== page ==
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dc.contributor.authorMelvin, Steven D
dc.contributor.authorHabener, Leesa J
dc.contributor.authorLeusch, Frederic DL
dc.contributor.authorCarroll, Anthony R
dc.date.accessioned2017-11-21T12:01:05Z
dc.date.available2017-11-21T12:01:05Z
dc.date.issued2017
dc.identifier.issn0166-445X
dc.identifier.doi10.1016/j.aquatox.2017.01.012
dc.identifier.urihttp://hdl.handle.net/10072/339665
dc.description.abstractPharmaceuticals are widely used for the treatment of various physical and psychological ailments. Due to incomplete removal during sewage treatment many pharmaceuticals are frequently detected in aquatic waterways at trace concentrations. The diversity of pharmaceutical contaminants and potential for complex mixtures to occur makes it very difficult to predict the toxicity of these compounds on wildlife, and robust methods are therefore needed to explore sub-lethal effects. Metabolic syndrome is one of the most widespread health concerns currently facing the human population, and various drugs, including anti-diabetic medications and lipid- and cholesterol-lowering fibrates and statins, are widely prescribed as treatment. In this study, we exposed striped marsh frog (Limnodynastes peronii) tadpoles to a mixture of the drugs metformin, atorvastatin and bezafibrate at 0.5, 5, 50 and 500 μg/L to explore possible effects on growth and development, energy reserves (triglycerides and cholesterol), and profiles of small polar metabolites extracted from hepatic tissues. It was hypothesised that exposure would result in a general reduction in energy reserves, and that this would subsequently correspond with reduced growth and development. Responses differed from expected outcomes based on the known mechanisms of these compounds in humans, with no changes to hepatic triglycerides or cholesterol and a general increase in mass and condition with increasing exposure concentration. Deviation from the expected response patterns may be explained by differences in the receptivity or uptake of the compounds in non-mammalian species. Proton nuclear magnetic resonance (1H NMR) spectroscopy revealed evidence of broad metabolic dysregulation in exposed animals, and possible interaction between the solvent and mixture. Specifically, increased lactic acid and branched-chain amino acids were observed, with responses tending to follow a non-monotonic pattern. Overall, results demonstrate that a mixture of drugs commonly prescribed to treat human metabolic syndrome is capable of eliciting physiological and developmental effects on larval amphibians. Importantly, outcomes further suggest that it may not be possible to predict toxicological effects in non-target wildlife based on our knowledge of how these compounds act in humans.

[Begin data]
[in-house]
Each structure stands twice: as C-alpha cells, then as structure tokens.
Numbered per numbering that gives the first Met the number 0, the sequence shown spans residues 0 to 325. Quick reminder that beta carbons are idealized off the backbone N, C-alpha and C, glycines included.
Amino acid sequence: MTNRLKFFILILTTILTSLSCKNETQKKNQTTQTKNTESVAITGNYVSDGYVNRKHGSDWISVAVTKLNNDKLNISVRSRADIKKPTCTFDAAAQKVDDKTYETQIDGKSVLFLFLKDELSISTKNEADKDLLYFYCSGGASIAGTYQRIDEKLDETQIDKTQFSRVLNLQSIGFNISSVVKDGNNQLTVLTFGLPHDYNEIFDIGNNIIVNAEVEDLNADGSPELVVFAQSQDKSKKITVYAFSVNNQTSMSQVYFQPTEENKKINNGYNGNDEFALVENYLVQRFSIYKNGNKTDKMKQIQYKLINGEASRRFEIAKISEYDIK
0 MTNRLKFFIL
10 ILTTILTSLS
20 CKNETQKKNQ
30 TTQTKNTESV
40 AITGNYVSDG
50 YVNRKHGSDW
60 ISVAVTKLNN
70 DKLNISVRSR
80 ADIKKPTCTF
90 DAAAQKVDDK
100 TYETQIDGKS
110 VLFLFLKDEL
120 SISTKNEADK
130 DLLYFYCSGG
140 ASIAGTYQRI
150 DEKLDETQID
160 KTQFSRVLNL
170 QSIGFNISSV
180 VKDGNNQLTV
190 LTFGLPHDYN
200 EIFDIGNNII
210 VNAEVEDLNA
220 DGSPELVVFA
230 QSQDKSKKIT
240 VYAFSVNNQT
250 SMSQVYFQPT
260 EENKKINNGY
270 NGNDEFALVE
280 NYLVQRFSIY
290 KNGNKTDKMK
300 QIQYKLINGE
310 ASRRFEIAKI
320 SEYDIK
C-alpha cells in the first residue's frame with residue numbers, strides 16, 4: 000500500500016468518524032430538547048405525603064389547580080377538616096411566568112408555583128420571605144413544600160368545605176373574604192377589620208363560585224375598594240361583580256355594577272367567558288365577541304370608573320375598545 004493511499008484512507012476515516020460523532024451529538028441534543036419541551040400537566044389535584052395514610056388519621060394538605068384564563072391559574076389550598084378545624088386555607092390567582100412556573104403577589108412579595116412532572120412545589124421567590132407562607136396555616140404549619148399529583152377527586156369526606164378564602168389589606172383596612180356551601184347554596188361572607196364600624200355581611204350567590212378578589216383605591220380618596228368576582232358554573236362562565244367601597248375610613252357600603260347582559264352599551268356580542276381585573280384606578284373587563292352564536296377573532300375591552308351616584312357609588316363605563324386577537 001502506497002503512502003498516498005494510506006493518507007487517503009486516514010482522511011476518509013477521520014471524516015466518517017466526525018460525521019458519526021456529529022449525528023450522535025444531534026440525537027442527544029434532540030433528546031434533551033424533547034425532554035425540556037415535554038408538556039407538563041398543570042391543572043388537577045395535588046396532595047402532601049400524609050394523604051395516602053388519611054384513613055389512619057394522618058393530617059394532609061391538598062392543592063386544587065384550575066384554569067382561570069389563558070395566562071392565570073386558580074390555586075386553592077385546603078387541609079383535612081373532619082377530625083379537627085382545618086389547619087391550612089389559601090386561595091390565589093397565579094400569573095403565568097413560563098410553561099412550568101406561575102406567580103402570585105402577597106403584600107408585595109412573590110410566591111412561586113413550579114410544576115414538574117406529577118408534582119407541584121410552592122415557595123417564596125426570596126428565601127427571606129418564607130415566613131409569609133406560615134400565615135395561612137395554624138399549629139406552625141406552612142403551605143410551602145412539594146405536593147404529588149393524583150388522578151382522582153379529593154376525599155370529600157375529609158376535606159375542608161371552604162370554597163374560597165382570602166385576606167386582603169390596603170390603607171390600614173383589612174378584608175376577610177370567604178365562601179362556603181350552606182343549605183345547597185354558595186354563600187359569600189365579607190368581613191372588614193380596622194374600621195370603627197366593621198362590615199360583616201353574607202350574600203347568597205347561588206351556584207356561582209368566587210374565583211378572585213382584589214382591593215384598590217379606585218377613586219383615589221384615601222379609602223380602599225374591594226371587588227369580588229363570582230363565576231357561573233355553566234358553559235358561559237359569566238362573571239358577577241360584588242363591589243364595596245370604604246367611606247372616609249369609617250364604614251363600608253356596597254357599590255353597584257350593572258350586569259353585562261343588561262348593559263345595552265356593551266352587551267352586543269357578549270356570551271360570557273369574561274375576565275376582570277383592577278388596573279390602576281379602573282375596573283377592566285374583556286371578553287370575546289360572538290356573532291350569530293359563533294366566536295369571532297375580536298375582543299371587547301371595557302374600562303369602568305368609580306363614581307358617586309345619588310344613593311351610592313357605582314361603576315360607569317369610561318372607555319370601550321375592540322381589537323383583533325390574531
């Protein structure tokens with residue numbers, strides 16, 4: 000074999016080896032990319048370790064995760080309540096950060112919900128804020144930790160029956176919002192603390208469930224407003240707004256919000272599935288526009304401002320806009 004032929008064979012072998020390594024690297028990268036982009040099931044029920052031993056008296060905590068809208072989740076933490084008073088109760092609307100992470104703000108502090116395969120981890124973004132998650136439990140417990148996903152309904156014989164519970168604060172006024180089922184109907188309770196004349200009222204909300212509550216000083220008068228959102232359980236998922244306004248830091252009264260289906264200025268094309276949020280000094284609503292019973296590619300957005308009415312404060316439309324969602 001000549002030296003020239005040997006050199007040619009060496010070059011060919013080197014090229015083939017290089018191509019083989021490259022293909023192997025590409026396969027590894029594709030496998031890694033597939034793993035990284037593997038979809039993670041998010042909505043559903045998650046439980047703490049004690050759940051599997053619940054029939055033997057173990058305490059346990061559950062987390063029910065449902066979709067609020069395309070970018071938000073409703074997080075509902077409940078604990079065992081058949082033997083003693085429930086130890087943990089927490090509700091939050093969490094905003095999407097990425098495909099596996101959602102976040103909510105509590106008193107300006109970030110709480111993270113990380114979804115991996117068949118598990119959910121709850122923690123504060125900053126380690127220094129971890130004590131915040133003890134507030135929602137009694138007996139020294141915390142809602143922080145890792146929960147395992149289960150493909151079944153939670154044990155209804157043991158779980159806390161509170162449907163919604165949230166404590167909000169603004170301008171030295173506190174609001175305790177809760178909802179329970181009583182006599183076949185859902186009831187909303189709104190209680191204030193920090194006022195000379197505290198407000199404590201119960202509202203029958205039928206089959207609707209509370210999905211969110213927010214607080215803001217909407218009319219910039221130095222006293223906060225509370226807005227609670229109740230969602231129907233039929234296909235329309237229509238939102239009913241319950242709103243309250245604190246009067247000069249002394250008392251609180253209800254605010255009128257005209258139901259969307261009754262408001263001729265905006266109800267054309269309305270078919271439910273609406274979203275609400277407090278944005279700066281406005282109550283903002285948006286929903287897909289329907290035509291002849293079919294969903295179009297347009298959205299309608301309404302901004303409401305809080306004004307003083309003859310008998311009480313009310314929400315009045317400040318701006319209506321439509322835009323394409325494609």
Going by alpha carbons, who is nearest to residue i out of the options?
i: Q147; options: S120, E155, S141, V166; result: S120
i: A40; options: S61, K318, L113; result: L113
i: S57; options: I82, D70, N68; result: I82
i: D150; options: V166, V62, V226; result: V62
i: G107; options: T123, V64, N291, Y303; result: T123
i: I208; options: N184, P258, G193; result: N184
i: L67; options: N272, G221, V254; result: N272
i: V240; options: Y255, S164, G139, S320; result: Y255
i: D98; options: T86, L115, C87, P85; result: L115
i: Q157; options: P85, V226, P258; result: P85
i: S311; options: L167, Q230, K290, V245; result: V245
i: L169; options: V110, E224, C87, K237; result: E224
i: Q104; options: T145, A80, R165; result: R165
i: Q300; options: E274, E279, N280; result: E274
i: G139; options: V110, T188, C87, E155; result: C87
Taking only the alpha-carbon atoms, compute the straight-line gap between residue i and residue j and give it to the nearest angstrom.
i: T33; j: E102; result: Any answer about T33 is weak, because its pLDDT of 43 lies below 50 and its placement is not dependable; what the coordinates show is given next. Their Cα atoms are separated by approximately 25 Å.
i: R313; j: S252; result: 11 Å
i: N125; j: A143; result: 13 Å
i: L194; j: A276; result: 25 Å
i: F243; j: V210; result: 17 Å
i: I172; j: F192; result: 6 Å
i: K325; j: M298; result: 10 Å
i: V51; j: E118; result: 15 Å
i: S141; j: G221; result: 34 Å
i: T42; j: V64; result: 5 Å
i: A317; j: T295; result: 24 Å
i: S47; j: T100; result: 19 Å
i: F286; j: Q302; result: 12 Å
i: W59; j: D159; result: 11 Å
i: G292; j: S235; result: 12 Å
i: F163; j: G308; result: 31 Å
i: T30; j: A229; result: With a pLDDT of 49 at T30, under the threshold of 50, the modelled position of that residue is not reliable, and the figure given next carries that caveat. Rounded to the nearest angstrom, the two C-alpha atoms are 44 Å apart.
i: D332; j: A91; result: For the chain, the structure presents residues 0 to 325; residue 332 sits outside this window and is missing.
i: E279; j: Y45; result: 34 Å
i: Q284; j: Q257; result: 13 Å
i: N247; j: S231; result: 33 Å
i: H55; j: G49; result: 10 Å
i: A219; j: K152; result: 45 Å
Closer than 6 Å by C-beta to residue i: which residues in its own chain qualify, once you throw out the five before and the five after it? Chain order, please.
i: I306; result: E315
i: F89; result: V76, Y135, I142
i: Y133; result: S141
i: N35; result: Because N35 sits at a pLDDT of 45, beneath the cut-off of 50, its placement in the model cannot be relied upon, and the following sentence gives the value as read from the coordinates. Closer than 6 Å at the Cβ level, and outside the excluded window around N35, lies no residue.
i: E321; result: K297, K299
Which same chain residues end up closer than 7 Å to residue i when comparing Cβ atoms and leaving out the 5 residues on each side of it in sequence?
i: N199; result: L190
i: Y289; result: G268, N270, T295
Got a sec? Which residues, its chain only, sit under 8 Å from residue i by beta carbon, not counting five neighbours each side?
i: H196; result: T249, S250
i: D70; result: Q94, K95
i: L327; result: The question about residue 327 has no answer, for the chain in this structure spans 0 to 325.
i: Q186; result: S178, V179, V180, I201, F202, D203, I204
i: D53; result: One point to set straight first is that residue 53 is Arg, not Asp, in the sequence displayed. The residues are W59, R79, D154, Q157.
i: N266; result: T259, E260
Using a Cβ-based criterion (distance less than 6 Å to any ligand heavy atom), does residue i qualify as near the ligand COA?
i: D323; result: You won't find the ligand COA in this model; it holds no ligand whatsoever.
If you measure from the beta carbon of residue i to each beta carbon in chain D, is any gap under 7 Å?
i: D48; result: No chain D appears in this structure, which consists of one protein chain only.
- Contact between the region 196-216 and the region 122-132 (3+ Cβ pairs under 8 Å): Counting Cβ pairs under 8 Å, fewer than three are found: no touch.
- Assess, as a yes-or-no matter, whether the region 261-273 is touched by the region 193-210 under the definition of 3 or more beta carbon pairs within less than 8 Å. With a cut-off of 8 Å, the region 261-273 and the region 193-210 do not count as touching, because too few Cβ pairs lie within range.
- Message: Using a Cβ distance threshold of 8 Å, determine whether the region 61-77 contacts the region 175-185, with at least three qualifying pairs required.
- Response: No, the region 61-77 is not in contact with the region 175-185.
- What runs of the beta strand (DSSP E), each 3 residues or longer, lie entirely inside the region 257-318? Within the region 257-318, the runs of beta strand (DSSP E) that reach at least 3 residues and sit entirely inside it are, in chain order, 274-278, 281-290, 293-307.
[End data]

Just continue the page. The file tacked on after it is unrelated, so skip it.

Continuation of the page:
dc.description.peerreviewedYes
dc.description.sponsorshipGriffith University
dc.languageEnglish
dc.publisherElsevier
dc.relation.ispartofpagefrom123
dc.relation.ispartofpageto132
dc.relation.ispartofjournalAquatic Toxicology
dc.relation.ispartofvolume184
dc.subject.fieldofresearchEnvironmental Science and Management not elsewhere classified
dc.subject.fieldofresearchBiological Sciences
dc.subject.fieldofresearchEnvironmental Sciences
dc.subject.fieldofresearchChemical Sciences
dc.subject.fieldofresearchcode050299
dc.subject.fieldofresearchcode06
dc.subject.fieldofresearchcode05
dc.subject.fieldofresearchcode03
dc.title1H NMR-based metabolomics reveals sub-lethal toxicity of a mixture of diabetic and lipid-regulating pharmaceuticals on amphibian larvae
dc.typeJournal article
dc.type.descriptionC1 - Articles
dc.type.codeC - Journal Articles
gro.facultyGriffith Sciences, Griffith School of Environment
gro.hasfulltextNo Full Text
gro.griffith.authorCarroll, Anthony R.
gro.griffith.authorLeusch, Frederic
gro.griffith.authorHabener, Leesa
gro.griffith.authorMelvin, Steve D.


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